The Agronomist Movie Review
In 1968, native Haitian Dominique bought Radio Haiti Inter and turned it into the one source of information unfiltered by the government. He broadcast his anti-establishment message in Creole, unprecedented in his country as all other stations catered to the wealthy by speaking French. This demonstrated his mandate to use the station to "serve the people" by being a consistent voice for democracy.
For his trouble, he was sent into exile on two occasions by the brutal regimes that successively controlled Haiti. Each time his station's equipment was destroyed, he returned, rebuilt, and started all over again. We are even shown the bullet holes that still riddle the station's edifice.
The only thing more fascinating than the story is the man. Dominique is a wonder to watch. His dynamic, percussive speaking style and wide-eyed visage of utter conviction is transfixing. And for all the tragedy that touches his life, he remains the most cheerful interviewee in the film.
This is why Demme's style works so well here. All he has to do is set up the camera and let Dominique speak. He could run two hours of that talking head and still have an entertaining documentary to show for it. Fortunately, he puts in a little more effort than that.
Music provided by Wyclef Jean and Jerry "Wonder" Duplessis is ubiquitous, yet unobtrusive. Demme uses not only the music, but Dominque's own rhythms and speech patterns to inform the editing. To accentuate the journalistic aspect, lettering appears across the screen like a teletype to introduce us to the major players.
Most of Demme's touches help, but occasionally he goes too far. Though repetition can be good for emphasis, cutting to Dominique saying the same couple of words three times in rapid succession reduces him to a Haitian Max Headroom.
A more fundamental problem involves the shrouded causes behind what we see. Demme does a good job of establishing connections between the CIA and the chronic coups that plague the nation. But the motives for U.S. involvement remain murky at best. Dominique's passion for justice and democracy is abundantly clear, but the roots of that commitment are only lightly touched upon in a brief discussion of his father. We learn a lot of the "what" in this film but very little of the "why."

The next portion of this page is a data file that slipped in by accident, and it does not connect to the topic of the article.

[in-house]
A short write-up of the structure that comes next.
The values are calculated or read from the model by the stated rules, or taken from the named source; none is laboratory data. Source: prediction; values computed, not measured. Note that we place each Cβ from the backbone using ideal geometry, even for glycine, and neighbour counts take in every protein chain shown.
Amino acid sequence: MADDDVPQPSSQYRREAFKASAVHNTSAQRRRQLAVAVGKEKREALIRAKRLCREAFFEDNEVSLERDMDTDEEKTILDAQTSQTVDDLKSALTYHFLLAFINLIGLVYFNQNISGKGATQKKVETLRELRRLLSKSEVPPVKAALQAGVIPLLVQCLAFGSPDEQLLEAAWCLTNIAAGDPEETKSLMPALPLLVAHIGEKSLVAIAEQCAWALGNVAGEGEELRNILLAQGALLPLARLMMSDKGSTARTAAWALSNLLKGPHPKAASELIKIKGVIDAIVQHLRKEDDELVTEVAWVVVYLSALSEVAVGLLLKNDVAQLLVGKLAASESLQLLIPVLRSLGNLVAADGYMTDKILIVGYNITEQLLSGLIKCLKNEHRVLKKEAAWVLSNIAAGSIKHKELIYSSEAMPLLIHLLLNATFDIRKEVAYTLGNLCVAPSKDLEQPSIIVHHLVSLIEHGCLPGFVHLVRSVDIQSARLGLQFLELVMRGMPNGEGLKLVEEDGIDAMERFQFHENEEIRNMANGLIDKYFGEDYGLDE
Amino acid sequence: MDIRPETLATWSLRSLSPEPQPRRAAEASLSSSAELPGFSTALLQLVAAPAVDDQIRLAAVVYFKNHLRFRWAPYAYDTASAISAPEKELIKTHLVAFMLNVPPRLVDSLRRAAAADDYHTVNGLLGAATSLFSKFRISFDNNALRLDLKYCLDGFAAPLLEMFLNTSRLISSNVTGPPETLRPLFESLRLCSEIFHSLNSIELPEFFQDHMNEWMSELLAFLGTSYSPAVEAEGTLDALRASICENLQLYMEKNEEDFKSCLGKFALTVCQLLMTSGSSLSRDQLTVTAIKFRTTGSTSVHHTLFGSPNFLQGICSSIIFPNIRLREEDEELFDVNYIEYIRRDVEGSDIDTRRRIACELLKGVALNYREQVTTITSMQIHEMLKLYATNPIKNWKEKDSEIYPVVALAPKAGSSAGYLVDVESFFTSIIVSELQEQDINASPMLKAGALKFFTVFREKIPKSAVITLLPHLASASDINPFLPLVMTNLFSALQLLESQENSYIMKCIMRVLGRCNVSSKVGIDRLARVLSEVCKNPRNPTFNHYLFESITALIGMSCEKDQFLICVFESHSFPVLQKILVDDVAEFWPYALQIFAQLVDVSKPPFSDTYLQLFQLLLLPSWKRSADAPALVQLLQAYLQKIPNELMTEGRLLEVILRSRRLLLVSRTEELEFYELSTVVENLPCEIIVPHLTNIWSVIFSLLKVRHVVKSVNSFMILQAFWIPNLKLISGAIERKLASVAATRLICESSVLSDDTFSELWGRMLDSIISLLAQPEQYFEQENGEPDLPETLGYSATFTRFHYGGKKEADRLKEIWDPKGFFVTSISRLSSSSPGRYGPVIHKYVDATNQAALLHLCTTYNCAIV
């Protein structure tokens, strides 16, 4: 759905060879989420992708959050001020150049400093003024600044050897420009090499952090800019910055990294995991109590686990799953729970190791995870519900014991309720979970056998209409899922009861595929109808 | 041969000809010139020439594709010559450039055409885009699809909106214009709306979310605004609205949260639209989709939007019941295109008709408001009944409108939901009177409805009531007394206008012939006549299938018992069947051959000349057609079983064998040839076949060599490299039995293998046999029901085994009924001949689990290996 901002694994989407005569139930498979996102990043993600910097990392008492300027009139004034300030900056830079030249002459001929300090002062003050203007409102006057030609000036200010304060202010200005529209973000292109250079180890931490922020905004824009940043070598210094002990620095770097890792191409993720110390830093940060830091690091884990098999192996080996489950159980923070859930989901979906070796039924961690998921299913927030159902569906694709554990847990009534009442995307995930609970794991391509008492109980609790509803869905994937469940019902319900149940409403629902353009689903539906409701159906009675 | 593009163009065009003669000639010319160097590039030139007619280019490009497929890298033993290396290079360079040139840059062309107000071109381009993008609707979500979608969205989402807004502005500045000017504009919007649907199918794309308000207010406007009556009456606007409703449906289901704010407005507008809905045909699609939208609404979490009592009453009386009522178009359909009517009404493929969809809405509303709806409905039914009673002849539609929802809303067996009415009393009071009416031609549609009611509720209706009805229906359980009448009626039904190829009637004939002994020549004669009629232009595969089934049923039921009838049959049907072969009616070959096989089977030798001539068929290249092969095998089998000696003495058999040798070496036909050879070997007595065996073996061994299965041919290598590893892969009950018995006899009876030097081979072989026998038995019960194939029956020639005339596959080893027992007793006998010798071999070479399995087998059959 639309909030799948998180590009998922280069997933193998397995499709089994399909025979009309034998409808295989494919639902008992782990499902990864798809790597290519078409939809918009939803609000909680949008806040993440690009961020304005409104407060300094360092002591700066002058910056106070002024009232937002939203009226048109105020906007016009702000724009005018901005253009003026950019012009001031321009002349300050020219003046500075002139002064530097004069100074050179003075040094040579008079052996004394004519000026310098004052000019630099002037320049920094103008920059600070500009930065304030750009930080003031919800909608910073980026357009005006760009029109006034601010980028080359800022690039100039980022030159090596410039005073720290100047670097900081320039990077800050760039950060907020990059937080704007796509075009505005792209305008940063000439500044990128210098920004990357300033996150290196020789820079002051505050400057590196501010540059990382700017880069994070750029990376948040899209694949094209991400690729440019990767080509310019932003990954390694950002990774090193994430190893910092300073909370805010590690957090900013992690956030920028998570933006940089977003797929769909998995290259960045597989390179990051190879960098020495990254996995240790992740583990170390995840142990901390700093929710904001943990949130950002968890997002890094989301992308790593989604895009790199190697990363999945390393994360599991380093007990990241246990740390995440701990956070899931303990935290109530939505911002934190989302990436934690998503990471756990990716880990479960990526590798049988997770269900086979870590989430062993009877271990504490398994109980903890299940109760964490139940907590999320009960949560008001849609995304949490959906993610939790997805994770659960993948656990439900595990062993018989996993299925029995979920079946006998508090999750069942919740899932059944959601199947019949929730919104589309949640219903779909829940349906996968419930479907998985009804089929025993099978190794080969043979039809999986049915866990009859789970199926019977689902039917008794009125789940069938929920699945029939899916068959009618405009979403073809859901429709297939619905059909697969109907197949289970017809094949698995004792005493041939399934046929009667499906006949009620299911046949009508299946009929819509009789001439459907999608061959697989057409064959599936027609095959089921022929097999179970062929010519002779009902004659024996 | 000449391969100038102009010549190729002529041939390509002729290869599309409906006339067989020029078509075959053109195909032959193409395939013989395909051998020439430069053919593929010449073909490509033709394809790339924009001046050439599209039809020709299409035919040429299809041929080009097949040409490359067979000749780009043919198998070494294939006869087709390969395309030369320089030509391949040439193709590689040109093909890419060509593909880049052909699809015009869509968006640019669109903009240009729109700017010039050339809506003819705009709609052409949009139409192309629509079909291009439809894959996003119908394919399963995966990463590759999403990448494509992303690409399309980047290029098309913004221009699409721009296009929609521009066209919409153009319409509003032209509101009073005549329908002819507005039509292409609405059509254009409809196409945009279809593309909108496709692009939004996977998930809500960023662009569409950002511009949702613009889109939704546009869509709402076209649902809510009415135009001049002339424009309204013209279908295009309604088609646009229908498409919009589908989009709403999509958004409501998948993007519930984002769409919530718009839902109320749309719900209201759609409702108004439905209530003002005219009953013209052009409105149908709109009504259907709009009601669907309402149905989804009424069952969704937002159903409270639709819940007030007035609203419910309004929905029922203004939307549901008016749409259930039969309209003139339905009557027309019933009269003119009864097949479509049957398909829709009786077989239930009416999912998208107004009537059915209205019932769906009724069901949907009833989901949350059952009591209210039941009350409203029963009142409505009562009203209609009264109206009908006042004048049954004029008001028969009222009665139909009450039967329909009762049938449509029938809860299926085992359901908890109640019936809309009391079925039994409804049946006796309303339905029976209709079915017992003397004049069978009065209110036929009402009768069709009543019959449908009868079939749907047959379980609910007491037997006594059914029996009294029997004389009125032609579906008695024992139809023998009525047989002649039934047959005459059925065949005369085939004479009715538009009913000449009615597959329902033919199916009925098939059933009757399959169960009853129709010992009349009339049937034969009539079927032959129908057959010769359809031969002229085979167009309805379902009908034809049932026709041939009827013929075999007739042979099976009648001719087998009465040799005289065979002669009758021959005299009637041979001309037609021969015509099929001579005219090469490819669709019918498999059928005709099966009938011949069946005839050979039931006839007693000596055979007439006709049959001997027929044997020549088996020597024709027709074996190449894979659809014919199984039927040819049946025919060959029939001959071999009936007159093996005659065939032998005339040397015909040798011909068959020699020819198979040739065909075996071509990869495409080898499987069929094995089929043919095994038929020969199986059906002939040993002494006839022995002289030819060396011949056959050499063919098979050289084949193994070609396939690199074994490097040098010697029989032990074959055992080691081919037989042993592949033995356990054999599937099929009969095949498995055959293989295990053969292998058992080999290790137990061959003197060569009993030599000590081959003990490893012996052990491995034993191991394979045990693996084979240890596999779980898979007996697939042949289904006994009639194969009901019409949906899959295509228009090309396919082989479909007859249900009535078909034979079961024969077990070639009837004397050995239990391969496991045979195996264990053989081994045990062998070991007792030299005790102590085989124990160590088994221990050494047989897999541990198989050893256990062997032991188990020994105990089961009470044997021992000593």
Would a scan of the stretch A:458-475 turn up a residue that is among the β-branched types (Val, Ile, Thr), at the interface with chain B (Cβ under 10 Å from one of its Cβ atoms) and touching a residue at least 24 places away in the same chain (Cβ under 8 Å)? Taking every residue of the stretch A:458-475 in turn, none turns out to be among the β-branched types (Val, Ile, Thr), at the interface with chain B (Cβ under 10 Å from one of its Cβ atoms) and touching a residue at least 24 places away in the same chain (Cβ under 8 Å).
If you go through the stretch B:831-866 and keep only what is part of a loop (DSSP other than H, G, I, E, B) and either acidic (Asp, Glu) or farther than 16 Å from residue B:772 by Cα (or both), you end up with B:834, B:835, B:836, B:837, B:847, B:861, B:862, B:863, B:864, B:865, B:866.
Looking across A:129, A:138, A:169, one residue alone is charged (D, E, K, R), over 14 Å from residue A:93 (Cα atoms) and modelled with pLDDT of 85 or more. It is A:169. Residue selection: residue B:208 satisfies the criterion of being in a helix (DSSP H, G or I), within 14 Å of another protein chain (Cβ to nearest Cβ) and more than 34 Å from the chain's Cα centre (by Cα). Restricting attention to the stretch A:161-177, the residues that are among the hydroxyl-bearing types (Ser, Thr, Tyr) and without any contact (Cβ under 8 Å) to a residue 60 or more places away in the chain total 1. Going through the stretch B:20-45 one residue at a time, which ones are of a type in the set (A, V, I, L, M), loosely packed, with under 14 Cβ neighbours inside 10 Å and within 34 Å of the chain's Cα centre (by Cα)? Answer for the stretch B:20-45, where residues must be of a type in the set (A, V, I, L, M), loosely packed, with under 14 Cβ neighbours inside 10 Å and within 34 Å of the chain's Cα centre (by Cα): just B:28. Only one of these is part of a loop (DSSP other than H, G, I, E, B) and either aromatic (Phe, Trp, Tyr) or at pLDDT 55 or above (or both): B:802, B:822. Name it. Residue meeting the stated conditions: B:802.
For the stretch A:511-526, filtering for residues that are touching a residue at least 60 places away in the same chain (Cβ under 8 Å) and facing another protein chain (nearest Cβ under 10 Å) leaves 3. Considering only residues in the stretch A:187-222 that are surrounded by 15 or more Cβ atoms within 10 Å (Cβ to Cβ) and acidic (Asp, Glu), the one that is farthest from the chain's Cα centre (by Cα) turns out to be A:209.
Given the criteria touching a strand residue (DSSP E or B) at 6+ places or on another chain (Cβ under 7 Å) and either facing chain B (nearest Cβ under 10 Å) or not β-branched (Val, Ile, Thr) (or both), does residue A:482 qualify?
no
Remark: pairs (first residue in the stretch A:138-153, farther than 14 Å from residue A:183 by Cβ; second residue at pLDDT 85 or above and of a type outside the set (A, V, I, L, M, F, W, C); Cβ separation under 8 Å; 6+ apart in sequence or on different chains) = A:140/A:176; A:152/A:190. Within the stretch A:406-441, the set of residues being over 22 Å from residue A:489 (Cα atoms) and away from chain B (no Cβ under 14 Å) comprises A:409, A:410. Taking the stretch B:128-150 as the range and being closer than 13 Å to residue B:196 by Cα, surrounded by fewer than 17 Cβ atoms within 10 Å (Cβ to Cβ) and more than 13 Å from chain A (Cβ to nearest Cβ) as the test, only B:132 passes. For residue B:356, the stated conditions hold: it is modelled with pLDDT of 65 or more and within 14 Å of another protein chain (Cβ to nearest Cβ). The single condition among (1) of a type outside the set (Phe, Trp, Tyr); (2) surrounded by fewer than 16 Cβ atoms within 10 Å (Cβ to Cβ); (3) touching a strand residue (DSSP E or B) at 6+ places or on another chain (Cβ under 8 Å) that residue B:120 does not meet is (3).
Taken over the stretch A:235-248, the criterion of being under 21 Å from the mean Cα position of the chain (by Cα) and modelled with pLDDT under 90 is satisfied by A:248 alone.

What Demme does accomplish is similar to one of his subject's most effective strategies. Dominique would bring in news from around the world that his listeners would hear nowhere else, including news of similar plights in Latin America or the Middle East. These stories would shed light on what these people were experiencing at home. Like Dominique, Demme understands the power of allegory.
So, in telling us the story of The Agronomist, Demme reflects not only on Haiti, but on Iraq and countless other countries that have witnessed the bloodshed that's part and parcel of outside influence in political struggle. At one point in the film, the U.S. sets up an interim government in Haiti promising to hand over power to a democratically elected body at a later date. Demme doesn't have to highlight the implication. As with his subject, he need only step out of the way and let the events speak for themselves.
Reviewed at the 2004 Philadelphia Film Festival.